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If Coronavirus Is Black Swan, Startups Need To Shore Up Cash Now: VC Mark Suster

If Coronavirus Is Black Swan, Startups Need To Shore Up Cash Now: VC Mark Suster

Sequoia Capital called coronavirus spread a Black Swan moment

Venture capitalist Mark Suster noted that most impacted markets would include food, hotels and travel

The past decades have been great for startups and VCs, Suster noted

The business uncertainty around the impact of coronavirus has created anxiety and raised questions across the ecosystem. While in the public markets, the results are visible already with stock markets across the globe crashing; in the private markets, the ripples are already being witnessed.

In an attempt to bring clarity and better prepare for what may come in the future, venture capitalist Mark Suster has analysed the impact of similar events in the past and has listed down the probable outcomes of coronavirus in business in future. In a similar sentiment of one of the world’s leading VCs Sequoia Capital has also called a black swan moment. Suster said that if this is indeed a black swan, businesses should shore up cash now. But why?

He noted in his presentation that markets hate uncertainty and deflation, which may lead to valuation compression. He also said that if the market stabilises relatively quickly, capital markets tend to move past an initial sell-off. However, Suster said that this event feels different than previous such nosedives.

Coronavirus Comes At The Wrong Time

In terms of maximum impact of social distancing due to coronavirus, Suster noted that most-impacted markets would include chain restaurants, domestic air travel and hotels business. On a global level, Suster noted that factors which add to market uncertainty are November 2020 US elections, Brexit, deglobalisation and worldwide phenomenon of populism across the right and the left of the political aisle.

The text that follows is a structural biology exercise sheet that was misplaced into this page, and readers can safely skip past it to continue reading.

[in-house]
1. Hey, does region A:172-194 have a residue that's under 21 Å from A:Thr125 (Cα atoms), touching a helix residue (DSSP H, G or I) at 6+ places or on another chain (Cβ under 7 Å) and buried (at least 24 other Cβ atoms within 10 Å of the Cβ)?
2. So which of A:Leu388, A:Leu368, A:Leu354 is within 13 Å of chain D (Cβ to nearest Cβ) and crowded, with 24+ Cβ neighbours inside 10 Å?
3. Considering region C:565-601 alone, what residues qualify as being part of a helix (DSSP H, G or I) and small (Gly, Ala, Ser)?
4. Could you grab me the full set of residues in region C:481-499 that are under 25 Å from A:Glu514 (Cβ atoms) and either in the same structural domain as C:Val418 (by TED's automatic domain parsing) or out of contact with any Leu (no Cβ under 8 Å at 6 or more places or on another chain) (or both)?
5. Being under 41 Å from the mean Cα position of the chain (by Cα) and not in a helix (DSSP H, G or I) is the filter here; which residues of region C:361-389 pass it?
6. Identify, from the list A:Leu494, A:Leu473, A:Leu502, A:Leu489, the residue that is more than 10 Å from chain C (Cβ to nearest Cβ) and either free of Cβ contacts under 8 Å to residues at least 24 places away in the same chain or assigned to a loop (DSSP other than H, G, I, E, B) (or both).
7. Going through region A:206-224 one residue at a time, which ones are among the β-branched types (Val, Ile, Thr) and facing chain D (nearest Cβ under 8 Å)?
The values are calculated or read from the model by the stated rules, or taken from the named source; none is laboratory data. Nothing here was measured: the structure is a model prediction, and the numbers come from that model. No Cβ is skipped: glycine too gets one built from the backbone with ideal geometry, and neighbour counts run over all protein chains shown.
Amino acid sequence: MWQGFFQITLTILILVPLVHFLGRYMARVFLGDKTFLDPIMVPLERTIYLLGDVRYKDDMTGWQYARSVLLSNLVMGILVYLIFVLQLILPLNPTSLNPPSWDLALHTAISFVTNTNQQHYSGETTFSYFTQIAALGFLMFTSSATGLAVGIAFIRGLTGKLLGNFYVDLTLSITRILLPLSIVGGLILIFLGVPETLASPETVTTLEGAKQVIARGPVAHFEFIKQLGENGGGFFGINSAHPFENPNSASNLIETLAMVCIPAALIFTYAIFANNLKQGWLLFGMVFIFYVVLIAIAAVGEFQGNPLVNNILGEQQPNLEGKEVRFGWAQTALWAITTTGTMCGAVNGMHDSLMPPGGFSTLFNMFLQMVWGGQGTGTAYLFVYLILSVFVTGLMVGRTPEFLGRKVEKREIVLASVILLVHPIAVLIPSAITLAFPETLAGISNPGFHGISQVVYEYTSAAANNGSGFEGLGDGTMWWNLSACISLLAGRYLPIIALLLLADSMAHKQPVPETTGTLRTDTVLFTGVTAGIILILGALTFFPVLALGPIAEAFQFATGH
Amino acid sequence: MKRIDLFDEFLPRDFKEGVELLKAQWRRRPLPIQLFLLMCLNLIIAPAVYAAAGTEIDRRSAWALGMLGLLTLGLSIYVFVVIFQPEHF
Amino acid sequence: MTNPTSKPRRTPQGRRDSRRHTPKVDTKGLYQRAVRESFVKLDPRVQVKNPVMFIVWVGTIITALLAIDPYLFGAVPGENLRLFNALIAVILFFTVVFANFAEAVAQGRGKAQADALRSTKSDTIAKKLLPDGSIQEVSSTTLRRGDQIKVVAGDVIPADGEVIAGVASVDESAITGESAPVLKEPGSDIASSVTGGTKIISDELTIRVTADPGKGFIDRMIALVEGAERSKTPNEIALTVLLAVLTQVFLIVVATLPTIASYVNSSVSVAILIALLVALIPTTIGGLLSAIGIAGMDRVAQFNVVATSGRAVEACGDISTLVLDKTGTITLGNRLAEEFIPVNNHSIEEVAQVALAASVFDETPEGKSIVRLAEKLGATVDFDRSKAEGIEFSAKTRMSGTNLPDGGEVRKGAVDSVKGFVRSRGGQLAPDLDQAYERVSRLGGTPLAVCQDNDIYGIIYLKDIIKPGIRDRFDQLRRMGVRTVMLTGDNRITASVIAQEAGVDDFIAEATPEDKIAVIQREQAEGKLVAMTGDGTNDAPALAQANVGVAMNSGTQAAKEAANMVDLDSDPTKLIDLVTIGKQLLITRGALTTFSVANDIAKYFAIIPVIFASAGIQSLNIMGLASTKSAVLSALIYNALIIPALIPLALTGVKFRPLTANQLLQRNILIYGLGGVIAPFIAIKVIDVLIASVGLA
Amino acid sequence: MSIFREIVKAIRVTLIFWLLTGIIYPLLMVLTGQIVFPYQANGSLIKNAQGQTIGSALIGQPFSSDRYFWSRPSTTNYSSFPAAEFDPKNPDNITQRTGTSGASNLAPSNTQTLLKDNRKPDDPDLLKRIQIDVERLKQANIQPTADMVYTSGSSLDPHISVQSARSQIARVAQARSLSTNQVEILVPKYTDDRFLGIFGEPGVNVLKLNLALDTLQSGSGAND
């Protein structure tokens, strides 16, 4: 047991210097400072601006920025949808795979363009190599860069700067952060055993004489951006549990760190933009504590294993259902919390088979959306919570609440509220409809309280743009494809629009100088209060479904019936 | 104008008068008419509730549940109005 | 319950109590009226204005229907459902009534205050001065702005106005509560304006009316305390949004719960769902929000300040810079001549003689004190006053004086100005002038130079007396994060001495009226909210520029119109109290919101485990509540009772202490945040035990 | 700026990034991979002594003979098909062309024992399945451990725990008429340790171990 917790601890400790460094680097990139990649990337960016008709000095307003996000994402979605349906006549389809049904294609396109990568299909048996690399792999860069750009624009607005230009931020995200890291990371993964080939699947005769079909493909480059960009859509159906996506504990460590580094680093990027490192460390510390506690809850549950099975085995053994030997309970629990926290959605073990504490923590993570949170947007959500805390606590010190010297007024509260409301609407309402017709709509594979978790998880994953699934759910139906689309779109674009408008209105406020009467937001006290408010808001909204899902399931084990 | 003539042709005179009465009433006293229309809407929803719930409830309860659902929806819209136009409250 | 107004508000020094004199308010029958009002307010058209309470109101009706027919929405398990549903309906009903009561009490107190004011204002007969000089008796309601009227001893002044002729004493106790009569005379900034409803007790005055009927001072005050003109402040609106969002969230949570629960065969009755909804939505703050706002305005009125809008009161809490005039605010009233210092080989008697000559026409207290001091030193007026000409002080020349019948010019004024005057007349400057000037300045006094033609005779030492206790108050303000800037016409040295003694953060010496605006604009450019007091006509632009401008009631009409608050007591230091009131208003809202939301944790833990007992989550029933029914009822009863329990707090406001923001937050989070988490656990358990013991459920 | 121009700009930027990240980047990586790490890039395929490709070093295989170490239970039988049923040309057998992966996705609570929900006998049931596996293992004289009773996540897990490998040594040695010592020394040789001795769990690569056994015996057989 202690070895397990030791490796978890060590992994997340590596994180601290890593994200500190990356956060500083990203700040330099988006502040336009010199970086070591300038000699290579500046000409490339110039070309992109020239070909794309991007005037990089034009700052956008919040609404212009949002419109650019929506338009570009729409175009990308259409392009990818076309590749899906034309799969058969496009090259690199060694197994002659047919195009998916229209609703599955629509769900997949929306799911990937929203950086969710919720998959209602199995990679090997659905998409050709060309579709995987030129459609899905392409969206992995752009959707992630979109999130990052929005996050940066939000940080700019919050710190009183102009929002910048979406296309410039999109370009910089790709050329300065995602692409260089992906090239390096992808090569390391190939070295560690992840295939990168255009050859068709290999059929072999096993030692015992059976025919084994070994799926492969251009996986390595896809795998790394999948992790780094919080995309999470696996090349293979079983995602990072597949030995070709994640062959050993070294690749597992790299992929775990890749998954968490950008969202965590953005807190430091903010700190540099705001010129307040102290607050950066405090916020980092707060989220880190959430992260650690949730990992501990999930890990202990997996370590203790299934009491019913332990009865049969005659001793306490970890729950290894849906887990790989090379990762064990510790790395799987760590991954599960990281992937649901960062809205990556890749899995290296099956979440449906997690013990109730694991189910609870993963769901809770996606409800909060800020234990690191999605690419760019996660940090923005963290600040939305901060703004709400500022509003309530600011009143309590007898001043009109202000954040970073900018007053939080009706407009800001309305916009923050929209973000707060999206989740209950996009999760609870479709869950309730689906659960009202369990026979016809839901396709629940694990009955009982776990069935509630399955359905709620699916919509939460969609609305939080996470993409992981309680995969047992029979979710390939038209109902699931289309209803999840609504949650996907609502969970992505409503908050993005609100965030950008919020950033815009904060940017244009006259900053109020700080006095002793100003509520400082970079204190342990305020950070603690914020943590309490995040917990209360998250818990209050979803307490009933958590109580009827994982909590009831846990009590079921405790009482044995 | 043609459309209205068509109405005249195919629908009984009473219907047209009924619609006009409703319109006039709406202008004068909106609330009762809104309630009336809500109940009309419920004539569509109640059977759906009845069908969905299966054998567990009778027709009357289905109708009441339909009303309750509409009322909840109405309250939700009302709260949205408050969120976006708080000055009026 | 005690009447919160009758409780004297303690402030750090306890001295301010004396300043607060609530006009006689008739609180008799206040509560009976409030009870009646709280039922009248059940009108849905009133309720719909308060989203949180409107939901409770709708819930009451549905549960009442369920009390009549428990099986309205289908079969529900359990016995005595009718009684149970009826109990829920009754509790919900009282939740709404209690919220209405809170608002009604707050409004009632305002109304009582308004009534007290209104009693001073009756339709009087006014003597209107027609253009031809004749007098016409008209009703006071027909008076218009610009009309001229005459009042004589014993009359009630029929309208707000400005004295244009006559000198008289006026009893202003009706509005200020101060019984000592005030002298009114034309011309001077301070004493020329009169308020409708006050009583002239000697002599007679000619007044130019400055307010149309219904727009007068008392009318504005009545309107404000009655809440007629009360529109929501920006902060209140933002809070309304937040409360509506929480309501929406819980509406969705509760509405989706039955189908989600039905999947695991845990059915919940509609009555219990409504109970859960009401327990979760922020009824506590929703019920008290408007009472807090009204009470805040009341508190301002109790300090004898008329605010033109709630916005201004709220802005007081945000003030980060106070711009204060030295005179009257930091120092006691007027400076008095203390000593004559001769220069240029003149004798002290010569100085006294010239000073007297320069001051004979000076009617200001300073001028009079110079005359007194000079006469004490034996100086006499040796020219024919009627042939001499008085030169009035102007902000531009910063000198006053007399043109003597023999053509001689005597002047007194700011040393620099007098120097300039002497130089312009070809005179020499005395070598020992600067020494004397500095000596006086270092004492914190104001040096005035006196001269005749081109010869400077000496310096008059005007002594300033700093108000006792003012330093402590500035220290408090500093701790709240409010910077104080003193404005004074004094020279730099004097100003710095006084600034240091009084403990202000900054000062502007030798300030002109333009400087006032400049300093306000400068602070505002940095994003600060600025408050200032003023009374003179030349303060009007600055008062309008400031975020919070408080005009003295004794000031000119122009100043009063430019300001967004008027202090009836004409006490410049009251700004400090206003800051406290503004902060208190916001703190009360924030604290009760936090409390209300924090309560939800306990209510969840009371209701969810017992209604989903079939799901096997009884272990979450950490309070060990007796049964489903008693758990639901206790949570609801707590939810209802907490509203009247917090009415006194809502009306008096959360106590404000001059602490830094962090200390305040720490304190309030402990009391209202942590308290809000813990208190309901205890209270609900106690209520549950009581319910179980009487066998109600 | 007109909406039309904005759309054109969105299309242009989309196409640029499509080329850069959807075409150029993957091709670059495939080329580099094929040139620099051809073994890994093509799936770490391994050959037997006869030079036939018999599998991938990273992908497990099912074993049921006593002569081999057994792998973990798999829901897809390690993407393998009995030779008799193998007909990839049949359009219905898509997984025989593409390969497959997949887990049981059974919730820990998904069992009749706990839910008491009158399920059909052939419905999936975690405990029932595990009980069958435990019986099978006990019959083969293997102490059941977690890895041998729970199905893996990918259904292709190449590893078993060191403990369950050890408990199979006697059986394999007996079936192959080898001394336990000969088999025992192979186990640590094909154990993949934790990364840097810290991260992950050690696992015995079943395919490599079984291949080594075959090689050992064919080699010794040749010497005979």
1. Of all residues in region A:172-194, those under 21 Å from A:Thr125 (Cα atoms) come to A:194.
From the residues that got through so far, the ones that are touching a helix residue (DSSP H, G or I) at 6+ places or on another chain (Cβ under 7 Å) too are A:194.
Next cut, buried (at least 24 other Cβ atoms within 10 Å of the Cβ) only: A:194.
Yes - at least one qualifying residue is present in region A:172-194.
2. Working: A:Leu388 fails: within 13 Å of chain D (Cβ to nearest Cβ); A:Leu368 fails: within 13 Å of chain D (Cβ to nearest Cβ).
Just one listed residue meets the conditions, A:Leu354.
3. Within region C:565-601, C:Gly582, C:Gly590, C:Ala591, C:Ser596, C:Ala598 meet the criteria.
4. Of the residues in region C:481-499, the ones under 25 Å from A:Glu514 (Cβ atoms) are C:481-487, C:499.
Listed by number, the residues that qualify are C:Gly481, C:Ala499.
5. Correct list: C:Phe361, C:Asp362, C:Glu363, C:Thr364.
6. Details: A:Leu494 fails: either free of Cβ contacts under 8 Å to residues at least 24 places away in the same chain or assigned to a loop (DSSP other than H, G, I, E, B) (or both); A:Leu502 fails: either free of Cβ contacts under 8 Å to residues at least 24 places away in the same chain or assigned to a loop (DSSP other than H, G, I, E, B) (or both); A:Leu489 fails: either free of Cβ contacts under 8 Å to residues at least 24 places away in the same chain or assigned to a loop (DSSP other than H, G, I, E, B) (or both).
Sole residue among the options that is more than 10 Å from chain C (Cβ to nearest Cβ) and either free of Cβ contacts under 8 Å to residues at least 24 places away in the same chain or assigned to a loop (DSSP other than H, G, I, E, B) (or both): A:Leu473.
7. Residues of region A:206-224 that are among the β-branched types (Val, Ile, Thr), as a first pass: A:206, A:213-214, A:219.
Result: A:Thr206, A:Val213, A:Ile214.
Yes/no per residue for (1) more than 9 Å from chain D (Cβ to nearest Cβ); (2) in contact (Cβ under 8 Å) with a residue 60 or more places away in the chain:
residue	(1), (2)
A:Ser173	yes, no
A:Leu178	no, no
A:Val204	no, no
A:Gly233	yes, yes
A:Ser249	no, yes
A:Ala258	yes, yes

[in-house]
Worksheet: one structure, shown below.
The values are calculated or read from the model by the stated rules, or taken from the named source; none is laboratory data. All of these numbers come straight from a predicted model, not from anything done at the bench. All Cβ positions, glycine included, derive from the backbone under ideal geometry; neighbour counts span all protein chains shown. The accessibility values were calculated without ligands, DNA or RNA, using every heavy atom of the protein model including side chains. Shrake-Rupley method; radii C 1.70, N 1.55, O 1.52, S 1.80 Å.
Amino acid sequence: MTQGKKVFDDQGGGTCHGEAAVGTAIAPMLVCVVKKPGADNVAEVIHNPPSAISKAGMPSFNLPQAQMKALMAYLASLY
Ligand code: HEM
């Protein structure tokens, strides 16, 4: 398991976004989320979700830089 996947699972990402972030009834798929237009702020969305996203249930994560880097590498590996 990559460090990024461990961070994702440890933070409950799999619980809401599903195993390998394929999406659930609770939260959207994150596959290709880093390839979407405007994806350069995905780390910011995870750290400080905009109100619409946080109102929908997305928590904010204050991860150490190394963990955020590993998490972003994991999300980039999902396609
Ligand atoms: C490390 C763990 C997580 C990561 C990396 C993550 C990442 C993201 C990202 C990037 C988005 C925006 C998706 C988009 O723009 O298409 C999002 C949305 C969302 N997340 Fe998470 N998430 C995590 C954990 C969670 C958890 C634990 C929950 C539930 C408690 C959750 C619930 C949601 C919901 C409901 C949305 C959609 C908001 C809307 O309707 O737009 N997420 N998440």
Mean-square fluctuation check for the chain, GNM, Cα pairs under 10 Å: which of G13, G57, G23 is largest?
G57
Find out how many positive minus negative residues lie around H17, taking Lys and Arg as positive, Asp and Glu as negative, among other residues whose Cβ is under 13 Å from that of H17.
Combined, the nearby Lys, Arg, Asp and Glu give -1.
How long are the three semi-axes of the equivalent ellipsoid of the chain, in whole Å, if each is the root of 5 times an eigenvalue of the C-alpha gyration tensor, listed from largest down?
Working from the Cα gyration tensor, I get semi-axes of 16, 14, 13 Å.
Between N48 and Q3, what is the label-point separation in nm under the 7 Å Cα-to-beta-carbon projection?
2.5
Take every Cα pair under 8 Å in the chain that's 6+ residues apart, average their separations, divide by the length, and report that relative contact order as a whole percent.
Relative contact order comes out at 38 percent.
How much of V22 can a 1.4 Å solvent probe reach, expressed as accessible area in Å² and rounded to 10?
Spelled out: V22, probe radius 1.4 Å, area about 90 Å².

Suster emphasised that even amid markets crashing and external factors, the primary reason for companies going bankrupt is running out of cash. Over the last two decades, startups, as well as VCs, have raised massive amounts of capital. But if public market valuations continue to decrease, the impact will also come onto private markets. “It takes longer to reset private valuations and those who don’t realise the change may struggle to get funded,” Suster added.

In a similar sentiment, Prashant Mehta, partner, Lightbox has told Inc42 that the companies with strong business principles, strong unit economics and growth will be able to raise capital. He said that VCs and PEs may take a little breather to analyse the impact of coronavirus, hence, the deals may take time but will happen. But those who chase growth for valuation and funding may face troubles, Mehta said.

Covid-19’s Impact On VC Funding

Noting that past decades have been great for startups and VCs, Suster added that if public markets continue to decline and VC funding is affected, VCs are expected to first focus on their existing portfolio startups rather than chasing new investments. So startups need to stay funded past this phase of portfolio reallocation and uncertainty.

“In the war of attrition, history rewards the early and decisive actions. It sounds easy, of course, it isn’t. But everybody says “we’re cutting into muscle” — you seldom are.”

The call for positive cash flow and reducing burn has been a mantra for VCs as well as startups since WeWork debacle last year. The coworking company had filed its draft papers for IPO in August 2019, but the details made investors wary of the corporate governance and real estate management, with very little emphasis on tech, which is what had sold the high IPO price that WeWork was asking for.

After a lot of back and forth, the company’s founder and CEO Adam Neumann had to exit as SoftBank bailed out the company after value erosion. Soon enough, SoftBank asked portfolio to focus on profitability, bringing lessons to the wider VC ecosystem to focus on profitability instead of only high-paced growth.

The difference then and now is that cash flow is now essential for businesses to survive and not just to raise funding.